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5 Brave Women creating change for Human Rights

“Mothers” come in many forms- maybe it’s the strong woman who birthed you into this world, or the person you’ve always relied on for advice and comfort in tough times. Regardless, mothers are important and their work in their communities and inspiring the next generation can create enormous change. This Mothers Day we’re celebrating five brave mothers who have worked tirelessly to make the world better, not only for their children, but for everyone;

The Vietnamese jailed blogger,Nguyen Ngoc Nhu Quynh, Writing

Nguyễn Ngọc Như Quỳnh (Mother Mushroom):

Nguyễn Ngọc Như Quỳnh, otherwise known as ‘Mother Mushroom’, is a Vietnamese blogger who sought to write and uncover human rights violations in her country. She started blogging in 2006 using the pseudonym ‘Me Nam’ or ‘Mother Mushroom’ which was inspired by the nickname of her youngest child. Despite ongoing harassment, she continued to write and campaign for freedom of speech, before being arrested in October 2016 and sentenced to 10 years in jail for “distributing propaganda against Vietnam”. She served two years in jail and developed serious health issues, while Amnesty International and government bodies pushed to have her released. As part of her release, Mother Mushroom was exiled from Vietnam and resettled in Texas, US (BBC News, 2018). She bravely co-founded the Network of Vietnamese Bloggers, an independent writers association, as well as receiving a Civil Rights Defenders Award in 2015 and International Women of Courage Award in 2017.


Dr Evelyn Scott:

Dr Evelyn Scott came from humble beginnings, the grand-daughter of a Vanuatuan man brought to Australia as a slave. She was born in Ingham, Queensland before moving to Townsville to work in Indigenous rights. She managed to be an attentive mother to five children, whilst also playing a pivotal role in the campaign to change the Constitution to acknowledge Indigenous people in official census data. Dr Scott became the first general-secretary of the Indigenous-controlled Federal Council for the Advancement of Aboriginals and Torres Strait Islanders (FCAATSI) in 1973 as well as chairwoman for the Council for Aboriginal Reconciliation in the years 1997 to 2000. She worked tirelessly to improve access to legal, housing, employment and medical services for communities and was passionate about environmental rights, particularly regarding the protection of the Great Barrier Reef (Women Australia 2017). In 2003, Dr Scott was appointed an Officer in the Order of Australia.


Nawal Benaissa:

Nawal Benaissa is a Moroccan protester, campaigning for the rights of people living in the Northern Rif region. She’s a keen driver of the Hirak movement and has been prosecuted over comments she posted on Facebook in 2017, in which she encouraged residents of Al Hoceima province to join in protests, as well as criticising the use of excessive force by authorities. She was subsequently arrested multiple times, harassed by police and forced to close her Facebook account with 80,000 followers. She told Amnesty International that “I could not accept the way the people of my region were treated. As a mother of four children worried for their future, I deeply understood the reasons that led those young men and women to protest asking for a decent living and social justice”.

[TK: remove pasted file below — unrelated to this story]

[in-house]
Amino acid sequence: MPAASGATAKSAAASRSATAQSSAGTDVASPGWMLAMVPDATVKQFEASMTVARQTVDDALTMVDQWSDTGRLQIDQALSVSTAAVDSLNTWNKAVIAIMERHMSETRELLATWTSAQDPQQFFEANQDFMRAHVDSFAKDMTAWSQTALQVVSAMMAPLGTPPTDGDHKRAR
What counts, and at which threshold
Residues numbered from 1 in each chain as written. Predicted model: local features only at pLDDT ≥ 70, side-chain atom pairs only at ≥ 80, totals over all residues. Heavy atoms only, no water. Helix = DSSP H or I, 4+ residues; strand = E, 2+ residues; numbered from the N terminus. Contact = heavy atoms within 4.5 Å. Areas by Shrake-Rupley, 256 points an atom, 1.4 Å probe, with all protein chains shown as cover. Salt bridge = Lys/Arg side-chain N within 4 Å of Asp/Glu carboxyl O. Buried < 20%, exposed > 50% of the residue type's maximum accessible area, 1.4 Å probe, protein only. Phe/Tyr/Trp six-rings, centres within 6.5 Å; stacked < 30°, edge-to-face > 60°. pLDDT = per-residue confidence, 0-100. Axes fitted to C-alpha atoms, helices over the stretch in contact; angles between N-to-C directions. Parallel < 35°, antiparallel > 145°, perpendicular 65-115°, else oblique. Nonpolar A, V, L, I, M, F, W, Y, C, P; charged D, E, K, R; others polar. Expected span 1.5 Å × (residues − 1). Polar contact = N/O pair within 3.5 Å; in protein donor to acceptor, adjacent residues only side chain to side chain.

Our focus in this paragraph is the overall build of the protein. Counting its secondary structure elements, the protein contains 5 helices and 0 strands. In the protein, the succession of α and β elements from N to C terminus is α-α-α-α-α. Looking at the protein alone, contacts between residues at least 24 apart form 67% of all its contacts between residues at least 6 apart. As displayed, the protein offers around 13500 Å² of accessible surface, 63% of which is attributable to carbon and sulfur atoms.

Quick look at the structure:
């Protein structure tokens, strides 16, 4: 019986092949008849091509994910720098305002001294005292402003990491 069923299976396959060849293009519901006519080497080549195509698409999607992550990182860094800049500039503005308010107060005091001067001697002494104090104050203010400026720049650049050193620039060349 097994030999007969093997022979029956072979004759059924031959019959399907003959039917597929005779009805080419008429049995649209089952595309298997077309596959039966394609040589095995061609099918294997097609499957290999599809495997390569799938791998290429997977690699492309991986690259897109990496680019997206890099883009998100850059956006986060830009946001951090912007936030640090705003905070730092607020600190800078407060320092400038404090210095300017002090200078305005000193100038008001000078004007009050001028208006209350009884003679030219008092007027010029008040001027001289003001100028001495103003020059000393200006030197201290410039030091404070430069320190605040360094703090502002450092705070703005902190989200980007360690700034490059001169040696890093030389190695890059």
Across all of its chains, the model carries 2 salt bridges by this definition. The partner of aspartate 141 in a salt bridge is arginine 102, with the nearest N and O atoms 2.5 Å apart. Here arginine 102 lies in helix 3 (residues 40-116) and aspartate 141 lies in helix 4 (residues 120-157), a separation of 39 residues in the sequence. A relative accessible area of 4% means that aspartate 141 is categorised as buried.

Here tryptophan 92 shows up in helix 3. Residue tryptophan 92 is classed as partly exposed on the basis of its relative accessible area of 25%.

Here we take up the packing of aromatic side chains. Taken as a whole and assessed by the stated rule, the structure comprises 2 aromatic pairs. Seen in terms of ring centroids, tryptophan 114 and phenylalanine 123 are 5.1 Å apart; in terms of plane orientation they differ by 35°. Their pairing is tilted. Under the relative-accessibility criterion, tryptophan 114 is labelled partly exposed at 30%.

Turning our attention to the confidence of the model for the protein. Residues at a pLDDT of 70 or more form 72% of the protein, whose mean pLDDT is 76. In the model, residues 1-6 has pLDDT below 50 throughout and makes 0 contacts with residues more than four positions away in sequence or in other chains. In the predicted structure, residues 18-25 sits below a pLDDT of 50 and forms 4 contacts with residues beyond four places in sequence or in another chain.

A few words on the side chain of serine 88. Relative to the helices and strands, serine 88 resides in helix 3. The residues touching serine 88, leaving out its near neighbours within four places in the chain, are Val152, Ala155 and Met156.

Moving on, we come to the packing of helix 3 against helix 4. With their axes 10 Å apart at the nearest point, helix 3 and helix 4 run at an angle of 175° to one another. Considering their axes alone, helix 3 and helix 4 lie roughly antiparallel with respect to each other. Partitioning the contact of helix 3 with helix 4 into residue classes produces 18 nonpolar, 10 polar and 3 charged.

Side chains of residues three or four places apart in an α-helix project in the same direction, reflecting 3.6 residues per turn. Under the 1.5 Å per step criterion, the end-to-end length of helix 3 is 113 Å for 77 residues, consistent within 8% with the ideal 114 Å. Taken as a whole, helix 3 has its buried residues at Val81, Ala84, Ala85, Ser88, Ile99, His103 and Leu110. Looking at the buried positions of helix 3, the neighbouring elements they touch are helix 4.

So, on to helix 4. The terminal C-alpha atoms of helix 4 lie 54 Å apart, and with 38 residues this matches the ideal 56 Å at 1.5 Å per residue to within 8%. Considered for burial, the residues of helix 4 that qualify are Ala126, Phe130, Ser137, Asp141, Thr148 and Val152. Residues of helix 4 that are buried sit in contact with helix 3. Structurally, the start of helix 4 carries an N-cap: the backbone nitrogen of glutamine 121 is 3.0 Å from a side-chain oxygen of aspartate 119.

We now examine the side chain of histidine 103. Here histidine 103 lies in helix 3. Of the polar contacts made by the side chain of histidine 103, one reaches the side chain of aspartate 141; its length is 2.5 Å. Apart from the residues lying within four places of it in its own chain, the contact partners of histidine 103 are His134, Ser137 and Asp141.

Lou Xiaoying:

Lou Xiaoying was a Chinese woman who worked non-stop to save, care for and raise abandoned babies in the streets of Jinhua, eastern Zhejiang. She earned a living recycling rubbish off the streets, before one day in 1972 when she found an abandoned baby girl in the bins. She took the little girl home and discovered she had a real love and passion for caring for children. Xiaoying had one biological child and adopted four children while passing on countless others to friends and families looking to help. Reports of Xiaoying fostering and adopting more than 20 children started to come to light in 2012 before she died of kidney failure.


Senior Chief Theresa Kachindamoto:
Senior Chief Theresa Kachindamoto of Malawi, left her job of 27 years to move her family of 5 boys back to her rural home of Dedza. She was the youngest of 12 siblings, and when she was summoned back to become the next senior chief, she was shocked to find girls as young as 12 were married with children and teenage husbands. She immediately set to terminating the marriages and sending the couples back to school. She has now reached over 1,500 marriages annulled and gained the nickname “The Terminator” (UN Women 2017). Kachindamoto also worked to ban Kusasa fumbi “cleansing” rituals that forced girls as young as seven into camps where they were taught to “please” men (McNeish, H 2016). She saved countless girls from forced marriages and in 2017 received a Leadership in Public Life Award at the 16th Annual Vital Voices Global Partnership Award Ceremony in Washington, D.C., USA.

These mothers fought to create change and a better place for their children to grow up. Their hard work and dedication not only inspired those in their communities but their stories echoed around the world and were often the catalyst for change.


Words by Dominique Chapman




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